Solar farms are just big fields covered with conductive material. They’re almost asking for a lightning strike, which can damage or destroy solar panels, inverters, and other critical equipment. So it’s no surprise that lightning activity and surge-related over-voltage abnormalities are identified as leading causes of solar project downtime.

Lightning can be destructive even when it’s not a direct hit. Indirect lightning events generate an electromagnetic force that induces overvoltage and transients on AC and DC power conductors and data lines.

The good news is solar owners and developers can protect their investment from the fallout of lightning strikes. Engineers at ALLTEC, a global manufacturer and installer of grounding and other lightning protection technologies, have identified methods to bolster a project’s ability to withstand lightning-related hazards using a three-step process called the ALLTEC Protection Pyramid. While there is typically no code requirement for solar farm owners to install lightning protection, there are internationally recognized standards and methods to determine the requirement of lightning protection systems, and it’s a bright idea to take action. The pyramid provides guidance.

The ALLTEC Protection Pyramid begins with the installation of a stable, low resistance and low impedance grounding system to bond all electrically conductive surfaces together. The installed grounding system should provide safety step and touch voltage criteria appropriate for a power generation facility. After providing a stable grounding system, it is important to properly install a surge protection device (SPD) system. Finally, a well-designed structural lightning protection system can be installed.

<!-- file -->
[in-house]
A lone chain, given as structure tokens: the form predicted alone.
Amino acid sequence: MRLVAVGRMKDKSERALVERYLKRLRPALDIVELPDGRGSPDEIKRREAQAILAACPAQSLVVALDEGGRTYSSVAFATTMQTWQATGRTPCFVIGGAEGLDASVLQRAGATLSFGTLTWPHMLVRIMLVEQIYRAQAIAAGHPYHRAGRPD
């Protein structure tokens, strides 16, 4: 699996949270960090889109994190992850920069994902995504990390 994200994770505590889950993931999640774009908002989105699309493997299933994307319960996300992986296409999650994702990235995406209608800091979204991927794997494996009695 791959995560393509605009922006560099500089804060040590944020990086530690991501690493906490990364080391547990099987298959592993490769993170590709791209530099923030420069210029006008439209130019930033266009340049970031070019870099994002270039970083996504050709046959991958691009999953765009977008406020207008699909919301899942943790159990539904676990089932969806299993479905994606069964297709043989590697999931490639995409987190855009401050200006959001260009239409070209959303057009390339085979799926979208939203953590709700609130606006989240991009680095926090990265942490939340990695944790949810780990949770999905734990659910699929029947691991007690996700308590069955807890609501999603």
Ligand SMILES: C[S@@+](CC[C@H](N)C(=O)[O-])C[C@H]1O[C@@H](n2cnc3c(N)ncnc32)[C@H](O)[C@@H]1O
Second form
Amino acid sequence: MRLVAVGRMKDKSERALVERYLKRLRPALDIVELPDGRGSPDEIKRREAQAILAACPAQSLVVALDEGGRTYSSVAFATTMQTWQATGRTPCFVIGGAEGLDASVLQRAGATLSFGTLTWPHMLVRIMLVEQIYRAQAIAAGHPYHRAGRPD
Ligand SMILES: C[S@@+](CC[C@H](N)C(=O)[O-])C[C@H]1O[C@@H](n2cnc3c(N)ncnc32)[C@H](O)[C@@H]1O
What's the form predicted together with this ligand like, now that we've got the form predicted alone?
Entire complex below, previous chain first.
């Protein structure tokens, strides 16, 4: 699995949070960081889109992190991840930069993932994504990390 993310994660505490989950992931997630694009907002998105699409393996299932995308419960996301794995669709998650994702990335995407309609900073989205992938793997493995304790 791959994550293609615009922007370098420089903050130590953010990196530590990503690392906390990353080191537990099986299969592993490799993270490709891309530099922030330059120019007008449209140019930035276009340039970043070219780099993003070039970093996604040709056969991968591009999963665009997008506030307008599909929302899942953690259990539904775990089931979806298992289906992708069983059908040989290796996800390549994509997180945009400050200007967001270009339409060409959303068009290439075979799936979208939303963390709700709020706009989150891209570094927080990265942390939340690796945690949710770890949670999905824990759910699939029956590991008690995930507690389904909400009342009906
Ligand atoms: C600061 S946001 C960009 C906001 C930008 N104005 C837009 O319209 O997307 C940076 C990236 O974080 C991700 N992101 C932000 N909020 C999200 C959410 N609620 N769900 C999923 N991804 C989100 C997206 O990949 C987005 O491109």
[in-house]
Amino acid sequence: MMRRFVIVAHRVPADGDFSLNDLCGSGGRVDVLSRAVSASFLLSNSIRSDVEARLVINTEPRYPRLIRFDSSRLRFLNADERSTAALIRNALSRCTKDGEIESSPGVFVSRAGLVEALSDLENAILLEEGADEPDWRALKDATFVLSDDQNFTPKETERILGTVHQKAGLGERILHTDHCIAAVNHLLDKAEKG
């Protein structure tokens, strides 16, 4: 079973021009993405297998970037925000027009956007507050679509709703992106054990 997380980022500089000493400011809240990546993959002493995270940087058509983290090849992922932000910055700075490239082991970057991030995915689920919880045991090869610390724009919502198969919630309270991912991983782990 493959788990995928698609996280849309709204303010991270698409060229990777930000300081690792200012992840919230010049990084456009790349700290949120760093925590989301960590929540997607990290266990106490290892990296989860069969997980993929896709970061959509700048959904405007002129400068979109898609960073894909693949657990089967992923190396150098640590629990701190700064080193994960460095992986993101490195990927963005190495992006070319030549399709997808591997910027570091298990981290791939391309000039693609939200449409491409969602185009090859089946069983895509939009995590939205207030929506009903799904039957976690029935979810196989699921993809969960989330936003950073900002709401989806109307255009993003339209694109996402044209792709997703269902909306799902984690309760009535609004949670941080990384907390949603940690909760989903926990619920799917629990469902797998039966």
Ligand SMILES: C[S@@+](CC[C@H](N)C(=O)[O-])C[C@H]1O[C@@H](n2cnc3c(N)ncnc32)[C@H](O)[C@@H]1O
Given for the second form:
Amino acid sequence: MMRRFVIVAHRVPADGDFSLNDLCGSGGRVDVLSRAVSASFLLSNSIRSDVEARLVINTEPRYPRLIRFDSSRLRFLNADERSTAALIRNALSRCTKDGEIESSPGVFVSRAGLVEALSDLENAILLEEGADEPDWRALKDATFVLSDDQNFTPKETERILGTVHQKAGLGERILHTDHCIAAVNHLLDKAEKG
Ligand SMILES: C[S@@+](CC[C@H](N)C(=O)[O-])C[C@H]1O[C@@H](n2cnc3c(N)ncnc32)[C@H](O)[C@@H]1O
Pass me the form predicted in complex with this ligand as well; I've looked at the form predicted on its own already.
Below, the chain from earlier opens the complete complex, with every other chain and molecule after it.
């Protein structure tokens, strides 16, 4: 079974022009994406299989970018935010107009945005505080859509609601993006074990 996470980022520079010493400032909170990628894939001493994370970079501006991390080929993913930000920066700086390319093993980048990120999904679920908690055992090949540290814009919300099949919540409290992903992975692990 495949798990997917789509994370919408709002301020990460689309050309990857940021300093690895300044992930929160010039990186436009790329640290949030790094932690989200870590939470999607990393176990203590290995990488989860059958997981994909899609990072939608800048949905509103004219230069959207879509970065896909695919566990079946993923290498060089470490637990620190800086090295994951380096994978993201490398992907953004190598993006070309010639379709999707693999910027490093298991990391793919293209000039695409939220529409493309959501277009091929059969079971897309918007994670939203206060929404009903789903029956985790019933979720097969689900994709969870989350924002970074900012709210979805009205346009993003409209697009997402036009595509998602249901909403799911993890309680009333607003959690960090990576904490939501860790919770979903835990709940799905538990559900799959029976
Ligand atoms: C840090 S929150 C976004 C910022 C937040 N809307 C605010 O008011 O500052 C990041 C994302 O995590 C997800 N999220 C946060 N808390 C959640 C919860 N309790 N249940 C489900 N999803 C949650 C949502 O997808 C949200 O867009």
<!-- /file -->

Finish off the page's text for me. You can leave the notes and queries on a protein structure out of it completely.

Below are more details for each tier of the protection pyramid to help establish smart grounding, surge suppression and lightning protection on solar arrays. A full white paper on the Protection Pyramid is available here.

Comprehensive soil resistivity measurement is the first step in designing a solar grounding system. Soil resistivity is a measure of how much soil resists the flow of electricity. A proper test will use the Wenner four-point method, which corresponds to IEEE Std. 81. The Wenner test uses four probes spaced at equal distances to measure how much electricity is conducted between them through the soil. The distance between the test probes results in soil resistivity data at the equivalent depth. It is considered to be the most reliable soil resistivity test.

After obtaining a thorough understanding of how soil conducts electricity and obtaining multilayer soil resistivity test results, specialized grounding software can help model the best grounding system for an array. By using a computer model, designers can complete a comprehensive fault analysis. Safety step and touch voltage evaluation can also be performed for the entire project, including solar panels, inverter and transformer stations and the perimeter fence layout.

In addition to proper grounding and bonding, it is crucial to install both AC and DC surge protection devices at key points throughout a solar site to protect panel module circuits, inverter stations and critical control circuits at the combining switchgear box. It is recommended that a comprehensive network of quality SPDs be installed throughout the solar farm’s AC and DC power distribution to protect critical circuits against hardware damage and from operational disruptions resulting from lightning and non-lightning related transients.